Though, if anyone is out there in the book publishing business and reads my blog and likes my style of writing on the subject, type me a line. Let’s talk!

      Now that I got the pitch over, I am glad you liked the article. I know your are into clothing, and pattern really plays an important part in that subject. I hope my next two articles on design will be inspiring to you, and my readers. Come back again, You know I will be looking at your site ;-}

  4. Teresa L says:

    Hello Fred.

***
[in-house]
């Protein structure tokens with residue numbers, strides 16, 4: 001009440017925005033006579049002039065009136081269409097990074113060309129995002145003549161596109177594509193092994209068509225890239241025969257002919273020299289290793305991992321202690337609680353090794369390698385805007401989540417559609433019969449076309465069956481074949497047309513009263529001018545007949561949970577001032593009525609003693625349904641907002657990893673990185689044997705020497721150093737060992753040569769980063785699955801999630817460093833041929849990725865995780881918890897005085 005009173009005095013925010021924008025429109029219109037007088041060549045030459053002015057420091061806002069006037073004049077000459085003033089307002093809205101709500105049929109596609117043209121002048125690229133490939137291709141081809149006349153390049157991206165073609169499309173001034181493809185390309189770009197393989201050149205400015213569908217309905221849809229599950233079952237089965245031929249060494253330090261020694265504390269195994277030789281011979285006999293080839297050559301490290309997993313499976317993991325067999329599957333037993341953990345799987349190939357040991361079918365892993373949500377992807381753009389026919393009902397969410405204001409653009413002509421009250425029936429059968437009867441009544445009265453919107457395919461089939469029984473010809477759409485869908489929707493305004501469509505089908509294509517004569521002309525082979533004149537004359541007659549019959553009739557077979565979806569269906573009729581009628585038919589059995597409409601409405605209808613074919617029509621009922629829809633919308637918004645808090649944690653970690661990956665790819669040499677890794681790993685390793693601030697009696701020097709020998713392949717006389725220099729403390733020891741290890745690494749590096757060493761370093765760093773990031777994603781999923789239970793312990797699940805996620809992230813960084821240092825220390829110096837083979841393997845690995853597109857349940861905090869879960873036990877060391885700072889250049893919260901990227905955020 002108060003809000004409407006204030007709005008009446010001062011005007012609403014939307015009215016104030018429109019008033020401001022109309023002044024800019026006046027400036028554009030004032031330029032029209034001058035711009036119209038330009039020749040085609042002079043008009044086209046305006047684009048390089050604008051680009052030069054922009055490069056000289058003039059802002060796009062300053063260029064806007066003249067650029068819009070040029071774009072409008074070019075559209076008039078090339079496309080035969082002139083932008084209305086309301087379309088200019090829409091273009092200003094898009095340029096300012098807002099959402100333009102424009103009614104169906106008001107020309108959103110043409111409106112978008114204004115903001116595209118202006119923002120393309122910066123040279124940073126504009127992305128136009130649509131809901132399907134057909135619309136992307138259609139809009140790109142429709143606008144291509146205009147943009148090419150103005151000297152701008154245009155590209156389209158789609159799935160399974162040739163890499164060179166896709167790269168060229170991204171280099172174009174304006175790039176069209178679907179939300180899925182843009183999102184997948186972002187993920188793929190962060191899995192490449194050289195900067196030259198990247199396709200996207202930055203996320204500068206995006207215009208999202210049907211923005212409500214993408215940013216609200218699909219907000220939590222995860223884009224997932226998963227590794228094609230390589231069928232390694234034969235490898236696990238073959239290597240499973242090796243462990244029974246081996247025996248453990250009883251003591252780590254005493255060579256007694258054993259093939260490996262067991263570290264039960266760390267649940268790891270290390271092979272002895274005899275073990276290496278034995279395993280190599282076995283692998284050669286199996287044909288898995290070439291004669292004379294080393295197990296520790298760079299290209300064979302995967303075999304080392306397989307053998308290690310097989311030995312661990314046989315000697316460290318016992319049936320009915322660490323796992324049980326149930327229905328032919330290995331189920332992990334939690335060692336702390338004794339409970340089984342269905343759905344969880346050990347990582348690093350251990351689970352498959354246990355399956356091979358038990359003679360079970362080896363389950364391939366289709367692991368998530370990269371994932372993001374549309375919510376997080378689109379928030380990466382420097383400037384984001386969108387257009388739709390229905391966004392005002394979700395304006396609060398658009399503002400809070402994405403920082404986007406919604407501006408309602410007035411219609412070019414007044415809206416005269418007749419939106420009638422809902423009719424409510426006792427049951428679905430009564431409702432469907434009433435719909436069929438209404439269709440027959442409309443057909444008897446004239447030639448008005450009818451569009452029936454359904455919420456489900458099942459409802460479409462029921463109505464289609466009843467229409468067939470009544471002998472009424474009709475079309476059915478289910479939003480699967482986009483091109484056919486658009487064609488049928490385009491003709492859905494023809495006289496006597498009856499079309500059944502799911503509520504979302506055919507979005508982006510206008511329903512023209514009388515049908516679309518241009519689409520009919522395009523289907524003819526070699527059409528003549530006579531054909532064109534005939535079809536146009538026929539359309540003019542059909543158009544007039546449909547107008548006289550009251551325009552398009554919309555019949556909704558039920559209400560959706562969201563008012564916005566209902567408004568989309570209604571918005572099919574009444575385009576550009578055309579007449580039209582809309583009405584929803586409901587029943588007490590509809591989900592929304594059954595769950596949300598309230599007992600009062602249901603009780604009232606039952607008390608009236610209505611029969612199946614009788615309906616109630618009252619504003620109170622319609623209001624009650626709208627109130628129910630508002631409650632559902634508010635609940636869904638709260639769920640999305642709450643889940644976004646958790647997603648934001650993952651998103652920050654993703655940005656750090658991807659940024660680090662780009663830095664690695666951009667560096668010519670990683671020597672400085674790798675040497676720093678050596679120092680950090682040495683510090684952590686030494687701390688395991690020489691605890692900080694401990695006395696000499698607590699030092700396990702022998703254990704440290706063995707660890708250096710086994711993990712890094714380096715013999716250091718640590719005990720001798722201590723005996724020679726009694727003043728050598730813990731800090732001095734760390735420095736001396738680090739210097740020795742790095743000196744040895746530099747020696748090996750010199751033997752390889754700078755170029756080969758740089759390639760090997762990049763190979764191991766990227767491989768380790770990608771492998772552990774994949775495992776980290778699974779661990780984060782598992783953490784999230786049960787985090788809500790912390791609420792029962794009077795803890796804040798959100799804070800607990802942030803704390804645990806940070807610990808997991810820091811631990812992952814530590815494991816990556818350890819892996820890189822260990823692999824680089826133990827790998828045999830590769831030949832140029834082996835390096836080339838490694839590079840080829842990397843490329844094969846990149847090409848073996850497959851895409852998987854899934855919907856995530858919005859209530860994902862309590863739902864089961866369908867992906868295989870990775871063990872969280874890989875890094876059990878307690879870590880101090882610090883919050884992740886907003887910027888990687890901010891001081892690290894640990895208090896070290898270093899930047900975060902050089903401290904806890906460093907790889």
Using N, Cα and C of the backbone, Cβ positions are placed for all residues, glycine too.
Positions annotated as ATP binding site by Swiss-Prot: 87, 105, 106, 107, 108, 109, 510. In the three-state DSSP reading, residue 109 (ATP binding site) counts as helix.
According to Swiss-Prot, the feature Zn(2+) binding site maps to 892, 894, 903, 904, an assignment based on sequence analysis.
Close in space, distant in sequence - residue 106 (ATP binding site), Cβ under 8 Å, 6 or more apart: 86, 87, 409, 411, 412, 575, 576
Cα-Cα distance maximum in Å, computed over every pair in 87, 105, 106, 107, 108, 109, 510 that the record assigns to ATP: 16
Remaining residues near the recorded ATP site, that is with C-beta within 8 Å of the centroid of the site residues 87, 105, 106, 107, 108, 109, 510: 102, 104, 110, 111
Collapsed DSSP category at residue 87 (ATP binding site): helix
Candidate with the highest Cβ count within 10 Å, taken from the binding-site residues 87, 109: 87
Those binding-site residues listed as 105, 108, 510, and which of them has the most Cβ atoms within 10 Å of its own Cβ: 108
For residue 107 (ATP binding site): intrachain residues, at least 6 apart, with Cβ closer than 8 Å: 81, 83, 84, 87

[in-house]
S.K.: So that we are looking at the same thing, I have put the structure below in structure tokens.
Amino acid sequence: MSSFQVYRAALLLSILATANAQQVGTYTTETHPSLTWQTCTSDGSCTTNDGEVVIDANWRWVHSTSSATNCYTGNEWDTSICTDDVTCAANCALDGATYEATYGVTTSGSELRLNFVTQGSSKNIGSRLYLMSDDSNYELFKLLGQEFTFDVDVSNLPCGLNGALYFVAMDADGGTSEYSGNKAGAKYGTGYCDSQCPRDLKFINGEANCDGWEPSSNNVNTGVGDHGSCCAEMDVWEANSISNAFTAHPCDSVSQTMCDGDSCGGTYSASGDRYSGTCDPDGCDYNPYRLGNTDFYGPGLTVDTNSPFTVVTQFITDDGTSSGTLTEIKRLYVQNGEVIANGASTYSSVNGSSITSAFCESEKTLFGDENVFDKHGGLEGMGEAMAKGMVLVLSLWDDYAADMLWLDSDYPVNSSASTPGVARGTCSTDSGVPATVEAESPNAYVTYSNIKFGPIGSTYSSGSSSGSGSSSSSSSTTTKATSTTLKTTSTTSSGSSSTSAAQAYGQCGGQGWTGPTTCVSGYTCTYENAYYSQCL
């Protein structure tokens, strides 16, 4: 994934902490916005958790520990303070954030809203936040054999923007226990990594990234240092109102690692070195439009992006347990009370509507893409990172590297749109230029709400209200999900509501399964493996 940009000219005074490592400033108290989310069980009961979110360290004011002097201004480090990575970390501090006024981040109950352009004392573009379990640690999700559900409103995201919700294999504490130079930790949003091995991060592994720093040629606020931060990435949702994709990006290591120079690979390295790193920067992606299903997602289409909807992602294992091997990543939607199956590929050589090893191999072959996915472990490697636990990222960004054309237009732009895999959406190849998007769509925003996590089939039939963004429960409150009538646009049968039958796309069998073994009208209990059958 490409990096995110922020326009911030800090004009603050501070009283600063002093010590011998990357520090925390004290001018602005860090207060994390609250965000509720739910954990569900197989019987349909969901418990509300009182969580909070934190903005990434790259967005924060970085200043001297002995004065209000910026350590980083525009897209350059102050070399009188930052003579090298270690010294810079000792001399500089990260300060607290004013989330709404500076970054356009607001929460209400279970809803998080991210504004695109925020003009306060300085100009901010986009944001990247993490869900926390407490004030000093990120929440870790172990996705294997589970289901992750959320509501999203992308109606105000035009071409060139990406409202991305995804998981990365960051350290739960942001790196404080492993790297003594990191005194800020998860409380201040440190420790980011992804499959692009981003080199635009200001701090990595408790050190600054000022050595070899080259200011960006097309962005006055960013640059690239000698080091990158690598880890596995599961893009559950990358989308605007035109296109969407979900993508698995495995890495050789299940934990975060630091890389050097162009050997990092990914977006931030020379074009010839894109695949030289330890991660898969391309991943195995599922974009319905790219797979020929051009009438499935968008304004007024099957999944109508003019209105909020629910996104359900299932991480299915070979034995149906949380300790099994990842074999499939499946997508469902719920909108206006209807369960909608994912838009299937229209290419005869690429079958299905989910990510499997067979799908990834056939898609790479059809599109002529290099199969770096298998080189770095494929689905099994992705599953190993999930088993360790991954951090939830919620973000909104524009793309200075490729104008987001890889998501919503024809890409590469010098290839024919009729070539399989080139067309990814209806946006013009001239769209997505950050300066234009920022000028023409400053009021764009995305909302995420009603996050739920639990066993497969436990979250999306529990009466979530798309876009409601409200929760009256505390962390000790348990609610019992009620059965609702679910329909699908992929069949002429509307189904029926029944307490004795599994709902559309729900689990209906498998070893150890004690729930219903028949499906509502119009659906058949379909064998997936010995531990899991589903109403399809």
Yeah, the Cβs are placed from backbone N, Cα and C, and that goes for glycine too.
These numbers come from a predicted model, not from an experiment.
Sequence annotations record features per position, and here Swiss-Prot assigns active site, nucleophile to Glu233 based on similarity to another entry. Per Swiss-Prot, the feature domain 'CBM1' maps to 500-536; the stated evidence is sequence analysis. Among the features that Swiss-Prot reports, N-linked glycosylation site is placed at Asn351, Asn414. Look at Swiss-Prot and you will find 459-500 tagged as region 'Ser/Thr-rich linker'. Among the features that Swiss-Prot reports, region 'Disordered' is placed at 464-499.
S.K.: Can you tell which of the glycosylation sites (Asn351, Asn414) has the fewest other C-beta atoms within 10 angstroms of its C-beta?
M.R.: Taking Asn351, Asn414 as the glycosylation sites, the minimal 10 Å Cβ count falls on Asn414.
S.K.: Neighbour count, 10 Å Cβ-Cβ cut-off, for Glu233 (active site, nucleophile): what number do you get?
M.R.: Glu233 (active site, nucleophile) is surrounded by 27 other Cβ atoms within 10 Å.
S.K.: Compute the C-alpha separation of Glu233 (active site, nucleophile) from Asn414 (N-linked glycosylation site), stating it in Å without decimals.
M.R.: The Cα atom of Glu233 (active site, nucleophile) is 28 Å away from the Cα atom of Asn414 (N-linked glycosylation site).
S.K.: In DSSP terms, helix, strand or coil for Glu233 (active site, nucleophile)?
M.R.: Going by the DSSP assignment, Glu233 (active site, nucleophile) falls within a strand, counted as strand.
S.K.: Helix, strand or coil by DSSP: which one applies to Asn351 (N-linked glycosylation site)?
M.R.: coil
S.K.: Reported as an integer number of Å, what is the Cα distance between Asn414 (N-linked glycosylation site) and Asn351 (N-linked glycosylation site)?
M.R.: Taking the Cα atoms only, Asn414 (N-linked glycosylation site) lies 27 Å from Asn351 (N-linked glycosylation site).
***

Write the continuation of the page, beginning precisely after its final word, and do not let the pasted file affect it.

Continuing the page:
I have a turkish rug in my home and i need to get another area rug for the same room. My home is a small condo so the turkish rug won’t fit in another room unless i put it in the bedroom where it will be half way under the bed .
    I’m not sure what colour or style of rug to put in the room under the dark brown sofa . Light grey wall with an accented med. green wall. the turkish rug is burgundy, cobalt blue, and beige with some spots of green and orange..
    I was thinking a beige shag to add some texture and to match the beige in the other rug which will be placed behind the sofa in the dining / sitting area ( haven’t decided what to put there yet )

  5. Teresa L says:

    Fred.
    I can send you a pic of the turkish rug if you like.

    Regards,
    Teresa L